Further Reading on non-monotonic logic

For those of you who are interested in following up on Malte Willer’s recommended solution to the miners paradox, he recommends the following paper: ‘Dynamic Thoughts on Ifs and Oughts,’ Malte Willer Happy reading! Matt Teichman...

Episode 75: Malte Willer discusses non-monotonic logic

Subscribe to Elucidations:         This month, we discuss non-monotonic logic with Malte Willer, assistant professor of philosophy at the University of Chicago. Click here to listen to our conversation. If you have been so lucky as to take an introductory logic class, then you will learn a conception of logic that is, well, downright logical....

Episode 74: Christina Van Dyke discusses gender and medieval mysticism

Subscribe to Elucidations:         This month, we discuss gender and medieval mysticism with Christina Van Dyke, professor of philosophy, director of gender studies, and executive director of the Society of Christian Philosophers at Calvin College. Click here to listen to our conversation. How might the notion of God to have meaning to us? God today can increasingly seem to us a mere historical phenomenon–a subject of past peoples’ energy, but presently only a subject of professors’ study....

Episode 73: Greg Salmieri discusses Ayn Rand’s moral philosophy

Subscribe to Elucidations:         This month, we discuss Ayn Rand’s moral philosophy with Greg Salmieri, who teaches at Rutgers University and Stevens Institute of Technology and is co-secretary of the American Philosophical Association’s Ayn Rand Society. Click here to listen to our conversation. But wait: Ayn Rand is most famous for her novels The Fountainhead and Atlas Shrugged....

Further Reading on pejoratives

Those of you who would like to follow up on the topic of this month’s episode can look at: ‘Moral and Semantic Innocence,’ Christopher Hom and Robert May In that paper, the semantic theory we discussed is presented in a bit more detail. Matt Teichman...

Episode 72: Robert May discusses pejorative expressions

Subscribe to Elucidations:         This month, we discuss pejorative expressions with Robert May, distinguished professor of philosophy and linguistics at University of California, Davis. Click here to listen to our conversation. So pejorative expressions are politically incorrect. We should not, say, call Jews kikes. How should we understand why we should not? May says we should not for the simple reason his mother taught him as a child: “There are no such things as kikes....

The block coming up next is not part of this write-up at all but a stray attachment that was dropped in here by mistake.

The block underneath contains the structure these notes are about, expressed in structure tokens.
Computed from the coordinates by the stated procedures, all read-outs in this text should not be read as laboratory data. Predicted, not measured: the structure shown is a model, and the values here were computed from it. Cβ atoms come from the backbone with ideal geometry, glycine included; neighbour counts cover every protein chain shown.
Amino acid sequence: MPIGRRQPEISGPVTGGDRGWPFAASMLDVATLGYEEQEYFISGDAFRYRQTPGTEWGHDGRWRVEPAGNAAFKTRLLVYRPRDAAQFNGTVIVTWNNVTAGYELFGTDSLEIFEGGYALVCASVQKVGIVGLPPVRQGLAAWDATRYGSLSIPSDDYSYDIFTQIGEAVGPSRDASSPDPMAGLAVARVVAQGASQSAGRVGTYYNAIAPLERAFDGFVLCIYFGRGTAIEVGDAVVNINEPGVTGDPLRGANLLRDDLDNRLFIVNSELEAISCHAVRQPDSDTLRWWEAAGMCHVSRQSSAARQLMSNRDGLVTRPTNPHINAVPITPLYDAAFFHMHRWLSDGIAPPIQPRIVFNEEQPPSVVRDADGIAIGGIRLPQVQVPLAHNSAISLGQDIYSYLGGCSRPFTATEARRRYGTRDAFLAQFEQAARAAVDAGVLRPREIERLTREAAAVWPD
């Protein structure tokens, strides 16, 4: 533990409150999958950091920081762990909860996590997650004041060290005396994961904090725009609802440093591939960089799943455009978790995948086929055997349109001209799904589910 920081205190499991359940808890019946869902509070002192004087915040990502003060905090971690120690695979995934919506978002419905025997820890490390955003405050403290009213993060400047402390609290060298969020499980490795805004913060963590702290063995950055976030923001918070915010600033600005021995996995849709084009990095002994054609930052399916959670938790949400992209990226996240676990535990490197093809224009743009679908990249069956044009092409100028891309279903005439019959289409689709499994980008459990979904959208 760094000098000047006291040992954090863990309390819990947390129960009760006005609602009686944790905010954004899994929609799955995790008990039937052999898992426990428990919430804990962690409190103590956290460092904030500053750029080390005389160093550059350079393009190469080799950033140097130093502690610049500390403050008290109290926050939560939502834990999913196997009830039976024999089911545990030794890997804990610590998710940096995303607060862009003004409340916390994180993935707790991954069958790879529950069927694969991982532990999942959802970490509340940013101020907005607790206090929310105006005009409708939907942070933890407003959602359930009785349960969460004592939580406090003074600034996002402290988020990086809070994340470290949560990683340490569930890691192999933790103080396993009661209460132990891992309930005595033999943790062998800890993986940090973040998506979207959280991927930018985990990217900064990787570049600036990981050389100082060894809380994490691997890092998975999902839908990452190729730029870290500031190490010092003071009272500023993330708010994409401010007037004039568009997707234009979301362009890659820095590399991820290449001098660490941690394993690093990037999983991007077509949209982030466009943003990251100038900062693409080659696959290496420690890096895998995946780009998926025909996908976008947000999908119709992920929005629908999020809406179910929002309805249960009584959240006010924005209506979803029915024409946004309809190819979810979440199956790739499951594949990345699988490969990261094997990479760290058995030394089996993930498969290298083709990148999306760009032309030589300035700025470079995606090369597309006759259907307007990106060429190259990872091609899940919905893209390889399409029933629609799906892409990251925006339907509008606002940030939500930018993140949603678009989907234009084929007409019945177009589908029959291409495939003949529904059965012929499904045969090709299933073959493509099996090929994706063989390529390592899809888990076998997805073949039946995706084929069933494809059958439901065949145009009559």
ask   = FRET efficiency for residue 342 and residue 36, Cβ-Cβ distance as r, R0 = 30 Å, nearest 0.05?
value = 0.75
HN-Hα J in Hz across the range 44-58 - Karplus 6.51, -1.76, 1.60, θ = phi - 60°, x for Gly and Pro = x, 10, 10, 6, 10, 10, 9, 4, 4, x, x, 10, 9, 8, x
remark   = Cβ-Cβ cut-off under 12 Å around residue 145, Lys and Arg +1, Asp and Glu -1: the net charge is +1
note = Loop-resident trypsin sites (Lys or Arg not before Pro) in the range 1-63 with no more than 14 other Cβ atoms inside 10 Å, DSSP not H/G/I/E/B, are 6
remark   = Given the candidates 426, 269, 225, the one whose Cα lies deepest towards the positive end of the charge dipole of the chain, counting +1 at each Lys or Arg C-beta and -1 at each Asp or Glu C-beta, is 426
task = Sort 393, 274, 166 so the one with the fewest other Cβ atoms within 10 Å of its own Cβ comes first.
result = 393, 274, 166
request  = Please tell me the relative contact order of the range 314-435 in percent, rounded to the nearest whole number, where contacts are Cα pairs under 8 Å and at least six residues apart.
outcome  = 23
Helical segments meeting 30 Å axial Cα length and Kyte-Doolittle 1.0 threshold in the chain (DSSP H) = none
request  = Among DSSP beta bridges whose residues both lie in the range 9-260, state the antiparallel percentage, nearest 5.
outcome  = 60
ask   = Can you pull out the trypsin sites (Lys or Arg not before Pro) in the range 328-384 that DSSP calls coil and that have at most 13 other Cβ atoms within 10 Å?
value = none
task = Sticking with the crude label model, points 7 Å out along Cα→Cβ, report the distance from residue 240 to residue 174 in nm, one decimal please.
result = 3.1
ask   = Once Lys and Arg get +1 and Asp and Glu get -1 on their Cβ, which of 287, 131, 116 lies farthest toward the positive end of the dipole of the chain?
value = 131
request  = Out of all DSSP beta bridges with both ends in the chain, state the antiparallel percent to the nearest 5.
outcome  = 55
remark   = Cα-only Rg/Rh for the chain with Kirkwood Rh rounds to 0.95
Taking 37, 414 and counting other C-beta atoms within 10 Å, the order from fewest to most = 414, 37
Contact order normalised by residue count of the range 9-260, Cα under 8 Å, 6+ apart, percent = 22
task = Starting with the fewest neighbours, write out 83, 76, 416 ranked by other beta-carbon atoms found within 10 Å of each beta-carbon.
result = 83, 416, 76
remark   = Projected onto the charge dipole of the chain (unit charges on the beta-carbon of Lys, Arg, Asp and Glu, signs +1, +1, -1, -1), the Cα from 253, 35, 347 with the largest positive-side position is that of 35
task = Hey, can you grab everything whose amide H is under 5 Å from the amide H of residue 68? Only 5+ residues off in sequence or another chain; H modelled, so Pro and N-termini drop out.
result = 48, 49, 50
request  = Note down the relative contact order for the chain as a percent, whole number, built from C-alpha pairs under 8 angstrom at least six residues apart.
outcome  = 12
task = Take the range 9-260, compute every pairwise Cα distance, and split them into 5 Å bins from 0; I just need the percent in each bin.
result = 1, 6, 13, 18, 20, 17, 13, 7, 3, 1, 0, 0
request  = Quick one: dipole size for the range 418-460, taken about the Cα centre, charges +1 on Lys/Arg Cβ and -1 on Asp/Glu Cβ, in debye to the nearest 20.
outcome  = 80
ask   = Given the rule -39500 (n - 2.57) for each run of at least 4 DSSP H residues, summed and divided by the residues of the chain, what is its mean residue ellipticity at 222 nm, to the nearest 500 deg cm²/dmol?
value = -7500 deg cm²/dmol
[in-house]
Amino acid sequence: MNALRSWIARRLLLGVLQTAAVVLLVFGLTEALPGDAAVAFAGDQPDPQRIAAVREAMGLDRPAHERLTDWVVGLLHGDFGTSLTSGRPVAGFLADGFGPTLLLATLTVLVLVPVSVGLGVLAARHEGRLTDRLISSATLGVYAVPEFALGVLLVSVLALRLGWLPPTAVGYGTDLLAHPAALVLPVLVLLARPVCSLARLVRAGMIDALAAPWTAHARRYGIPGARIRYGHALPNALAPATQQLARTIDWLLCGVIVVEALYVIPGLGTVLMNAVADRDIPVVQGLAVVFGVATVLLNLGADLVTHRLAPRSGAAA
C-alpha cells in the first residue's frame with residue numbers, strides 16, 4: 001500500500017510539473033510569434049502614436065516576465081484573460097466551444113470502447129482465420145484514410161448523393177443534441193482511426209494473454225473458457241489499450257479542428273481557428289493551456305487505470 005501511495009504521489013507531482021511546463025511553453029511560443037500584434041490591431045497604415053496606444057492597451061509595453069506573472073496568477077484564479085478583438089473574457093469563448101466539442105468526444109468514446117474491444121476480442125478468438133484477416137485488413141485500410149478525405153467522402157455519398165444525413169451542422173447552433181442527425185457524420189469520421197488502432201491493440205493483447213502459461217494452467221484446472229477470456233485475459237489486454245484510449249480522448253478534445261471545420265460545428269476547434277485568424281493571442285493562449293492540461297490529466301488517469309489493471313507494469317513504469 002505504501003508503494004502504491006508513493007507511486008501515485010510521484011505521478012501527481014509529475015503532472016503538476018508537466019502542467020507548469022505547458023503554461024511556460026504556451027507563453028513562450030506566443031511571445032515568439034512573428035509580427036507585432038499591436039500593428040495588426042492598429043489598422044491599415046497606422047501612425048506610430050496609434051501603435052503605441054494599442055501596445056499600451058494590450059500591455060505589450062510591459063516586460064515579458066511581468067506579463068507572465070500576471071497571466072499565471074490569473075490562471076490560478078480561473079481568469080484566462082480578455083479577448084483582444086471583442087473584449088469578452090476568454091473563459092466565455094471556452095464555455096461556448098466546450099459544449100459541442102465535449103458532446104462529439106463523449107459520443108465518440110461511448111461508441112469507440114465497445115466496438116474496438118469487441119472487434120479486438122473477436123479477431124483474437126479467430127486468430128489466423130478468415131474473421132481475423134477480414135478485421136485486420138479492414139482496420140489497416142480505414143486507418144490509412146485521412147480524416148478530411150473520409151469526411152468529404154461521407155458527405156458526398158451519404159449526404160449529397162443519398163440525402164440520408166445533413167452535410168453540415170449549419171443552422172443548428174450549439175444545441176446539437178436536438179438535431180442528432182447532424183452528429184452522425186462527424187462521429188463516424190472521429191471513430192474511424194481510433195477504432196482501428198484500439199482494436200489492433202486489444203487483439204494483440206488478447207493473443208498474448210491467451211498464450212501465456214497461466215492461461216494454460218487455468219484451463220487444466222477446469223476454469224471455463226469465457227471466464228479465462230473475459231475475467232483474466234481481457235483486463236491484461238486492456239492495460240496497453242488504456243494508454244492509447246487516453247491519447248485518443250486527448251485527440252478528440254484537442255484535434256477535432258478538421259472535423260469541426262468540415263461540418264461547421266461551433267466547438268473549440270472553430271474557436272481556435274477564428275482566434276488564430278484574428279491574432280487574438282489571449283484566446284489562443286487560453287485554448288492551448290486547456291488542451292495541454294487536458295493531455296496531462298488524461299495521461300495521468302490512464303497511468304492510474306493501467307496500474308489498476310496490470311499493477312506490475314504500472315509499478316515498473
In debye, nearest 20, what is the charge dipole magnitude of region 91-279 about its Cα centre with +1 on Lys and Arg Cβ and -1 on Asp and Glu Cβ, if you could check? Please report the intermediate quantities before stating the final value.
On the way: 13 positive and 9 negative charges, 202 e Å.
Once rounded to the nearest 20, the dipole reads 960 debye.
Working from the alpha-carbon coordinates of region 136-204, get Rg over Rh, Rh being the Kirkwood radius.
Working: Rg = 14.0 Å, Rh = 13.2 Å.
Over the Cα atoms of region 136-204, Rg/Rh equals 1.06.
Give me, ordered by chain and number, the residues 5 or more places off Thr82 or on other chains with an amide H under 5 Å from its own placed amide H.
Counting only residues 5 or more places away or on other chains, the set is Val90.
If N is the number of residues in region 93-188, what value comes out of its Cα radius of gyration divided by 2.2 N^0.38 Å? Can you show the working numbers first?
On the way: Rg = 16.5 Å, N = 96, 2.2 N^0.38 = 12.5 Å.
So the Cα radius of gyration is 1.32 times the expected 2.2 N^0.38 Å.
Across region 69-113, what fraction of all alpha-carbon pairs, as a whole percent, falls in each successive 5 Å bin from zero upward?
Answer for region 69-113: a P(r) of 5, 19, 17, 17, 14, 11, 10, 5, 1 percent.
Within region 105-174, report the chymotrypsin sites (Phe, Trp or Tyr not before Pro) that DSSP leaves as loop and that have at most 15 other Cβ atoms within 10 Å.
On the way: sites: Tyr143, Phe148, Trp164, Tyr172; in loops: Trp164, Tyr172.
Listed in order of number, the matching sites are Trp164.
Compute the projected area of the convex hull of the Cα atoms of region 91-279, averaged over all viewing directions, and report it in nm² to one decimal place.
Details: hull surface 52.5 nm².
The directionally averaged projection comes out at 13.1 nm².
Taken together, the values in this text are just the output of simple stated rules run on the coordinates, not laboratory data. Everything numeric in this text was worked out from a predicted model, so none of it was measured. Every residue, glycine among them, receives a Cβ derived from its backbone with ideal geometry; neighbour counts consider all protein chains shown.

Further Reading on Carnap

For those of you who are interested in following up on the topic of this month’s episode, Kent Schmor recommends the following overview article: “Carnap’s Logical Structure of the World,” Christopher Pincock For more background on the Vienna Circle, the philosophical group with whom Carnap was affiliated early in his career, see: “The Vienna Circle,” Thomas Uebel Kent writes: “Strictly speaking, the Circle didn’t go public until 1928, the same year the Aufbau was published....

Episode 71: Kent Schmor discusses Rudolf Carnap's Logische Aufbau

Subscribe to Elucidations:         This month, we discuss Rudolf Carnap’s Aufbau with Kent Schmor, visiting philosophy instructor at the University of Pittsburgh. Click here to listen to our conversation. Why, Carnap would ask, did independent philosophers keep attempting to rehash huge domains? Scientists, Carnap noticed, each work on a focused problem, broadening knowledge collaboratively....

Further reading on Spinoza's ethics

Would you like to follow up on our previous episode? Susan James recommends looking at the following sections from Spinoza’s classic work: Tractatus Theologico-Politicus, Chapter 2 Tractatus Theologico-Politicus, Chapter 3 Tractatus Theologico-Politicus, Chapter 4 If you really want to do a deep dive, she also recommends the following secondary material: Collective Imaginings: Spinoza, Past and Present, eds. Moira Gatens and Genevieve Lloyd Spinoza on Philosophy, Religion, and Politics: The Theologico-Political Treatise, Susan James...

Episode 70: Susan James discusses Spinoza on the good embodied life

Subscribe to Elucidations:         This month, we discuss Benedict de Spinoza’s work on the good embodied life with Susan James, Professor of Philosophy at Birkbeck, University of London. Click here to listen to our conversation. Spinoza (1632-1677) was born in what was then one of Europe’s most free Jewish communities, in Holland. Perhaps thanks to that, he developed ideas centuries ahead of his time....